DNA match sinks killer’s “faint hope” bid for earlier parole

Science caught up to Richard Joyce, just as the imprisoned killer was about to go before a jury and plead for earlier freedom. Joyce, who is serving a life sentence for the 1991 murder of a gas bar operator in Kingston, Ontario, is expected to appear in a courtroom Friday morning to formally abandon his faint hope hearing that was scheduled to begin in two weeks, Cancrime has learned. In the afternoon, Kingston Police are expected to announce that they have charged Joyce in a 21-year-old unsolved sexual assault case involving a nine-year-old girl. The child was assaulted the year before Joyce and accomplice Terry Kennedy tortured and murdered Yvonne Rouleau, a 34-year-old mother of three.

A DNA match linked Joyce to the 1990 sex case – Canada has two national DNA databanks that are constantly being cross-referenced. One bank contains samples collected by investigators at crime scenes and from the bodies of victims. The other bank includes the DNA of criminals convicted of serious crimes who are required to surrender samples. Crooks who were locked up before the automatic sampling are systematically being ordered to give up samples.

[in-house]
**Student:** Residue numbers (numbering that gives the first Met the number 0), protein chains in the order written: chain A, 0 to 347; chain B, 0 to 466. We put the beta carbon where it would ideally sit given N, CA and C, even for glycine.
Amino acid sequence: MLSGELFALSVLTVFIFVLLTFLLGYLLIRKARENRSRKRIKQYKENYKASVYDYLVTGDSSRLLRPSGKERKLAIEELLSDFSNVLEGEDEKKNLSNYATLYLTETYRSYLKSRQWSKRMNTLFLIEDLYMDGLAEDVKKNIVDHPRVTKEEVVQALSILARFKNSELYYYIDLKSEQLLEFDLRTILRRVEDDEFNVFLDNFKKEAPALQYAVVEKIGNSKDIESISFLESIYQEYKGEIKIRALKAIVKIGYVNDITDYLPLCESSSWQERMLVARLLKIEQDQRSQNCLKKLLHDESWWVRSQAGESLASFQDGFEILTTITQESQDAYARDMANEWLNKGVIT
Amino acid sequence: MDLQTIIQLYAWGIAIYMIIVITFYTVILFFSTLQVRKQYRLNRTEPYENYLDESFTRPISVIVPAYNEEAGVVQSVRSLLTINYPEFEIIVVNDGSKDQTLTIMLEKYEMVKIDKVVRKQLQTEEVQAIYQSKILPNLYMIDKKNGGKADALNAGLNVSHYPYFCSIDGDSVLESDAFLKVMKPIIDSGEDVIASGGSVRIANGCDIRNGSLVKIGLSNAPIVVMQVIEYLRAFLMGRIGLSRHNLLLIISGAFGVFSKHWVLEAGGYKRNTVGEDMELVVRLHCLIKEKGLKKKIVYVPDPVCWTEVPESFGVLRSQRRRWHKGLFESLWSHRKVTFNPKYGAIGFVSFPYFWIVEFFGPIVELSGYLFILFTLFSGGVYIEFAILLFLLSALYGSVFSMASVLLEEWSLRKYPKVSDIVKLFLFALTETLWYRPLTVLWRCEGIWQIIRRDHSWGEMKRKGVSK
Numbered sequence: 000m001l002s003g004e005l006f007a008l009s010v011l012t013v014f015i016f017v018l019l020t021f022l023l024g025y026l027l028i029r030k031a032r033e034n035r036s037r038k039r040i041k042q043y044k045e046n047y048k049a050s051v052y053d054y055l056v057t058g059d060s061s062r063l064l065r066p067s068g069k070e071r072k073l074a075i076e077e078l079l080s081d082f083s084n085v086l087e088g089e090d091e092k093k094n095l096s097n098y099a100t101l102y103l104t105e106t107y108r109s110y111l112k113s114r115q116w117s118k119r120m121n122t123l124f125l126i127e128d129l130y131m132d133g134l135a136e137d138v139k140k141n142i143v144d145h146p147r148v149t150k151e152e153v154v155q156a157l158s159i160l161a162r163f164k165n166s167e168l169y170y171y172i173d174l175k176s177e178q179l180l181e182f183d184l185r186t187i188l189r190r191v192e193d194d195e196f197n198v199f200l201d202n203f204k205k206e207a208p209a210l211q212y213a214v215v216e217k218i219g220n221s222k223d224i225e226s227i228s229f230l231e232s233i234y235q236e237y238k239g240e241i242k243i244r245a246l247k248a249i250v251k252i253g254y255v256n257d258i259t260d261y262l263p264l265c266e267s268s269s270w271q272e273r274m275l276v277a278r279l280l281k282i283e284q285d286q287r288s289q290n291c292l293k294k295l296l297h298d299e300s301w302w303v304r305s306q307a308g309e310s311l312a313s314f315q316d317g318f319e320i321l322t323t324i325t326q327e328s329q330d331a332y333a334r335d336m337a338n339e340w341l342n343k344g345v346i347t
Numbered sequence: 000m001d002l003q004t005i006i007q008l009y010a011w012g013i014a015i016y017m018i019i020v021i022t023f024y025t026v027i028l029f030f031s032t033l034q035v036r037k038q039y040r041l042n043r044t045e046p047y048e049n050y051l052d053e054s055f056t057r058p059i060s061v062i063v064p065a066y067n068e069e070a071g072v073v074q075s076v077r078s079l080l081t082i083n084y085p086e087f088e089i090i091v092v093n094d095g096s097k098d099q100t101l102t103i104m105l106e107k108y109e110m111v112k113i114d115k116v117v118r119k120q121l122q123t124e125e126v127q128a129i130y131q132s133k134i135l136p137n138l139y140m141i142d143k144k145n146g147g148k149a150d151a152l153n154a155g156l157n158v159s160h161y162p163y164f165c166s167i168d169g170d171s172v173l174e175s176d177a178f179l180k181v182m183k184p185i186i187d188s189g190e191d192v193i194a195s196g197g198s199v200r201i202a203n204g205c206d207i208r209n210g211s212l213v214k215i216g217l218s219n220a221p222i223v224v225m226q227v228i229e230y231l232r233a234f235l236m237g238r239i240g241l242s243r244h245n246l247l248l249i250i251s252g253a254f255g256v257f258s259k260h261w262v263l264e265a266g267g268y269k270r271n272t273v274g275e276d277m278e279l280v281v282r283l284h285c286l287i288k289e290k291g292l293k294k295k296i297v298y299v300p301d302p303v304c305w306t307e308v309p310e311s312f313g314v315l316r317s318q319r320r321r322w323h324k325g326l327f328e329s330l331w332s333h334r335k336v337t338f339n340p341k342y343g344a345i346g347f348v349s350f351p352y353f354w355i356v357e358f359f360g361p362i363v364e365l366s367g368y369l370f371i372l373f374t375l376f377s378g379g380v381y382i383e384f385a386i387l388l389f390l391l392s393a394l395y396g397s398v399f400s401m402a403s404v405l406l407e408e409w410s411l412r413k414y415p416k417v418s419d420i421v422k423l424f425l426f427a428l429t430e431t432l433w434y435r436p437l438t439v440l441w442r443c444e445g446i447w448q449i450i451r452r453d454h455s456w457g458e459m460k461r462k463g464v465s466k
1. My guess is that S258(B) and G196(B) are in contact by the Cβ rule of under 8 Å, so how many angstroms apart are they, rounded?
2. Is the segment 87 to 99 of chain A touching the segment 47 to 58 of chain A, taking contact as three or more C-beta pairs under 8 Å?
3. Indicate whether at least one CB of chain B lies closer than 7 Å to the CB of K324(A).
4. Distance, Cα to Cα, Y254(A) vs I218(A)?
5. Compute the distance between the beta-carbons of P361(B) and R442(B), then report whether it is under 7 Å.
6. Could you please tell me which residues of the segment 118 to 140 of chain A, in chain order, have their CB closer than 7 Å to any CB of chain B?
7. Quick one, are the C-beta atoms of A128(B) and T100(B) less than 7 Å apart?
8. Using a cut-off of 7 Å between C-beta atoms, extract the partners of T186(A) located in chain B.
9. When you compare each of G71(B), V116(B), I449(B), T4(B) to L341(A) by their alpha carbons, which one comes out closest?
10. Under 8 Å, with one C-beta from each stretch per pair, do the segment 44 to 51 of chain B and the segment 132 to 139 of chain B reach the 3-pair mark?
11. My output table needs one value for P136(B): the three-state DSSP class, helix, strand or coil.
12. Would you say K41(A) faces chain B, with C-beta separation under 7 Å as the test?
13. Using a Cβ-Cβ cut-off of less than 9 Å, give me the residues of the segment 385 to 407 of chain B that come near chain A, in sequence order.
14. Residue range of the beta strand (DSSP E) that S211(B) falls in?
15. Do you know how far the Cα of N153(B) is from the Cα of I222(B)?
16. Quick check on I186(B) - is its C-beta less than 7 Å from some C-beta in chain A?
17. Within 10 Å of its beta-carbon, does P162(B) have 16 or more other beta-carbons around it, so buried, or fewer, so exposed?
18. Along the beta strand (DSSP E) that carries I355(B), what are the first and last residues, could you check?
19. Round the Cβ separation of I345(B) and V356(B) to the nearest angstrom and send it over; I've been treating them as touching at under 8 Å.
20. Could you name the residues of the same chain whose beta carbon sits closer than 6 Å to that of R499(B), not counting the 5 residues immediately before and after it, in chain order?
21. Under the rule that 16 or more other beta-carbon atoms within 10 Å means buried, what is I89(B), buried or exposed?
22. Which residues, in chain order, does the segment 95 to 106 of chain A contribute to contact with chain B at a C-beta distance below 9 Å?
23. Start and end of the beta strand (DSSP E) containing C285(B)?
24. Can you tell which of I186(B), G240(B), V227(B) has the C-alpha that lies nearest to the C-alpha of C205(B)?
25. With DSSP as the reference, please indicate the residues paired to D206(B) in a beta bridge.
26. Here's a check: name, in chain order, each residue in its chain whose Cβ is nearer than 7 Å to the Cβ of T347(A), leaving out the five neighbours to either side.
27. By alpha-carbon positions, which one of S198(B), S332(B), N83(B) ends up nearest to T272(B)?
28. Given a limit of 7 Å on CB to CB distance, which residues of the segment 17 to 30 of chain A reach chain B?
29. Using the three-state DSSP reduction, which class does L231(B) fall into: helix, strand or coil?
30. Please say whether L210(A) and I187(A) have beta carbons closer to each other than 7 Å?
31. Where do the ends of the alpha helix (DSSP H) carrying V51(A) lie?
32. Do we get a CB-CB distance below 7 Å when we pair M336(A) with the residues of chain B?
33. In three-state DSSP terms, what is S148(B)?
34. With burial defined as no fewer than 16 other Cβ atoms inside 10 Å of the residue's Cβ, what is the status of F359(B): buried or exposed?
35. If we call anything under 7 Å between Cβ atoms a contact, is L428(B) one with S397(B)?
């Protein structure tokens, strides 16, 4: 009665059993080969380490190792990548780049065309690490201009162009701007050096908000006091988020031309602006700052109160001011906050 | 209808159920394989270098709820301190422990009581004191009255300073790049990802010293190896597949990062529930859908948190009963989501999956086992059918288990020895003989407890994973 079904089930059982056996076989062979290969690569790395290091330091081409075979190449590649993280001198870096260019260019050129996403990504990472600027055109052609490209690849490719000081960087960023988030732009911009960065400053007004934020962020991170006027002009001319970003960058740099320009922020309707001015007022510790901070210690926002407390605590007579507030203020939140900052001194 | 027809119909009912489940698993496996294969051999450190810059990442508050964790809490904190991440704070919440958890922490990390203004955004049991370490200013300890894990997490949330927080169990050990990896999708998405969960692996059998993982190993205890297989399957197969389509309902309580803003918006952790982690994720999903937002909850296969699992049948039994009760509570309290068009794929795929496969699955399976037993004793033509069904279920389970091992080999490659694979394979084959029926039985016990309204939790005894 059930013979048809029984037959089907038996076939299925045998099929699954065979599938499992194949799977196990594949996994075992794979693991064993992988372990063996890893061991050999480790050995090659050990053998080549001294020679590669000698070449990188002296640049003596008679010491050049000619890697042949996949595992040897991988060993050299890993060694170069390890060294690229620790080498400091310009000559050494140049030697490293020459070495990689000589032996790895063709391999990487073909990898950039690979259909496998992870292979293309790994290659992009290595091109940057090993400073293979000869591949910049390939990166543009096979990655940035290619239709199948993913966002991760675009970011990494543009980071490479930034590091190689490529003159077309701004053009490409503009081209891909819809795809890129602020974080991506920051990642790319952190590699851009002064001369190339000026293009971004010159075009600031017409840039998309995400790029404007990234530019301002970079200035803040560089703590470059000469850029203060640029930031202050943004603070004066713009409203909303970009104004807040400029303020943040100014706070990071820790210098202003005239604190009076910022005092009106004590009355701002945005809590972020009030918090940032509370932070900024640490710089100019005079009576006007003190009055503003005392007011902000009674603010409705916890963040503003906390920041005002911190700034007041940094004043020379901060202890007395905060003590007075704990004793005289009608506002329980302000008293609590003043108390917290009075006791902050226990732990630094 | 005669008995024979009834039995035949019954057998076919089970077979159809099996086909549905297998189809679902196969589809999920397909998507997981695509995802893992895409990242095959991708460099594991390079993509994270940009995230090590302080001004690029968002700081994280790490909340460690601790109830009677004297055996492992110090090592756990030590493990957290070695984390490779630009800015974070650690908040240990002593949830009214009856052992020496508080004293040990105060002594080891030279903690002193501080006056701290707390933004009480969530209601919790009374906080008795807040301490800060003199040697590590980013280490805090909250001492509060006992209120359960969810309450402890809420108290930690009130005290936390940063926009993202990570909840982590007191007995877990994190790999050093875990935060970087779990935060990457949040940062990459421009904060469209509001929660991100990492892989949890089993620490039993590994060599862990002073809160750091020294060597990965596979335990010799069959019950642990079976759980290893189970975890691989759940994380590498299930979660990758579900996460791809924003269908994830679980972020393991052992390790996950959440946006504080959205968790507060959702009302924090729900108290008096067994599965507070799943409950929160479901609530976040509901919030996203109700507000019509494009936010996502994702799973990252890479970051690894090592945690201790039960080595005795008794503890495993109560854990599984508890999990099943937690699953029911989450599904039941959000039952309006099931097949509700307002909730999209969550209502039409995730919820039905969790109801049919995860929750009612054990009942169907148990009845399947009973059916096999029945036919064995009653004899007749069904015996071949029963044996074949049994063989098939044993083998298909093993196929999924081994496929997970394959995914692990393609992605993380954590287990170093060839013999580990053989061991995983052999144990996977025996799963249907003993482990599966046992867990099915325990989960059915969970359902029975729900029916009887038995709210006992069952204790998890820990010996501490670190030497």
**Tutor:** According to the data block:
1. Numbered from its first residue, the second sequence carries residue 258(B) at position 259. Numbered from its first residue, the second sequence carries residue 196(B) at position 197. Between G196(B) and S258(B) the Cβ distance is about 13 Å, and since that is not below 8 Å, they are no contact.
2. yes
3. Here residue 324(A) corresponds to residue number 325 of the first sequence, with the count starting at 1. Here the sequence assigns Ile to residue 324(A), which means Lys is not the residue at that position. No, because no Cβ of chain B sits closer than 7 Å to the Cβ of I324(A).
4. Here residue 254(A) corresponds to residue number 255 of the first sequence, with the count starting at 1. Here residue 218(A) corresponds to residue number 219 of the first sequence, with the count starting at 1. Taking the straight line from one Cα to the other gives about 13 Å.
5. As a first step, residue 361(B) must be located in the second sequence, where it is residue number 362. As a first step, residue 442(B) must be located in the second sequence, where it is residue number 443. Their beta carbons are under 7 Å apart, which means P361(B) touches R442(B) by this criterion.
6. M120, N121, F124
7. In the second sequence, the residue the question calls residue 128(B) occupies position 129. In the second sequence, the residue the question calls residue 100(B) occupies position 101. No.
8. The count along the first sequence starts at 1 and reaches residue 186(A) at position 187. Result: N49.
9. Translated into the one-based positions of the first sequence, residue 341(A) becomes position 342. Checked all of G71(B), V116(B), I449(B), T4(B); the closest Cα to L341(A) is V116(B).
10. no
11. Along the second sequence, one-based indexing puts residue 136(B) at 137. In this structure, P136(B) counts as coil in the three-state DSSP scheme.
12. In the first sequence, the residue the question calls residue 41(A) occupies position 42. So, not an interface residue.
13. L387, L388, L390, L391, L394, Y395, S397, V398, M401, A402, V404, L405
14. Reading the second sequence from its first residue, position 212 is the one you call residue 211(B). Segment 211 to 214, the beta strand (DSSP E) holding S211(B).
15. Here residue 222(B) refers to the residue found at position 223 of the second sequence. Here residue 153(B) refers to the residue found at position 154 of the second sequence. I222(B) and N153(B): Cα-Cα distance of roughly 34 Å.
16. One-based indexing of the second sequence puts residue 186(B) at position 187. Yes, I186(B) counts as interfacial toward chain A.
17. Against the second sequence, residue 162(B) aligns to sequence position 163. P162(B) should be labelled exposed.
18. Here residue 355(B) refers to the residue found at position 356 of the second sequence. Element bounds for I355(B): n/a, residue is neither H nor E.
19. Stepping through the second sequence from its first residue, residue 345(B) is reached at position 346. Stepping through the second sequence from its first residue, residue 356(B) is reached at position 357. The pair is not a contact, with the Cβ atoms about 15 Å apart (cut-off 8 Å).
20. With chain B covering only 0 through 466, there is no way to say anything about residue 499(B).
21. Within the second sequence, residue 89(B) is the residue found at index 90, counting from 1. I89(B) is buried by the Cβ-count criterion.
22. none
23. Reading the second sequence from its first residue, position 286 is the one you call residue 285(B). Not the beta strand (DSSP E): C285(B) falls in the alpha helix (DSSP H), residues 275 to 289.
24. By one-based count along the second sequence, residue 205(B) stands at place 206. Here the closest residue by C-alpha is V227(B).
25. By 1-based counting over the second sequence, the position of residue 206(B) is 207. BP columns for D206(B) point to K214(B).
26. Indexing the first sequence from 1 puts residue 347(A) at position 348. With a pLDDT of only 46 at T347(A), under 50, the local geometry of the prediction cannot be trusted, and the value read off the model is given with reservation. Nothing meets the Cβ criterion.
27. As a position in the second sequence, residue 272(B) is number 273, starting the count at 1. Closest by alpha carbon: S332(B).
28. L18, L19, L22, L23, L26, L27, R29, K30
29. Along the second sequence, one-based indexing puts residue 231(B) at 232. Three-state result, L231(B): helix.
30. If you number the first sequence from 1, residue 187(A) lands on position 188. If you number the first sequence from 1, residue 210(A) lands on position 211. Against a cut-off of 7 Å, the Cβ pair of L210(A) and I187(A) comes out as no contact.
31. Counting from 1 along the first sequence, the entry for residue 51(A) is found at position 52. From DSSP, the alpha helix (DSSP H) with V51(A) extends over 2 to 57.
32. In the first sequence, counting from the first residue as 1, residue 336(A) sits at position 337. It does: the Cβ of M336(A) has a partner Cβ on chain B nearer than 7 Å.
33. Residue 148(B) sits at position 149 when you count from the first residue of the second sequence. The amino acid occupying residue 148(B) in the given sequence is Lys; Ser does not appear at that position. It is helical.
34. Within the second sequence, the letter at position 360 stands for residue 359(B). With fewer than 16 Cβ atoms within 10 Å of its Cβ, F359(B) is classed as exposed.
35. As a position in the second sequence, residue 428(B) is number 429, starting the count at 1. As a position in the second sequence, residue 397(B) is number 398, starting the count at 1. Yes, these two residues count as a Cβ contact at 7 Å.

Joyce is expected to be hustled first this morning to Kingston’s Superior Courthouse where he’ll give up on his faint hope hearing and then he’ll be trucked a few blocks north to appear in a provincial courtroom and make his first appearance on what will likely be eight sex charges. Joyce has already indicated to police and prosecutors that the doesn’t want to drag this out, sources tell me. He’s expected to appear in court again Monday when the case will be concluded in a remarkably swift three days.

The stunning turn of events spares a Kingston man the agony of enduring another faint hope hearing. Paul Rouleau, the husband of murder victim Yvonne, sat through the entire week-long hearing for Kennedy, Joyce’s accomplice. It wrapped up earlier this week (previous post on hearing) with the decision by a jury that Kennedy could not apply for parole until 2016, when he had served 25 years of his sentence. Joyce is eligible to seek full parole on the same date. The pair were caught nine days after Rouleau’s murder in May 1991. They were convicted of first-degree murder and sentenced to life in prison with no chance of parole for 25 years. They stole a few thousand dollars from the gas bar after torturing Rouleau. She was repeatedly stabbed in the face and neck and her throat was slashed.

Look for more on this story later Friday.

» Faint hope explained

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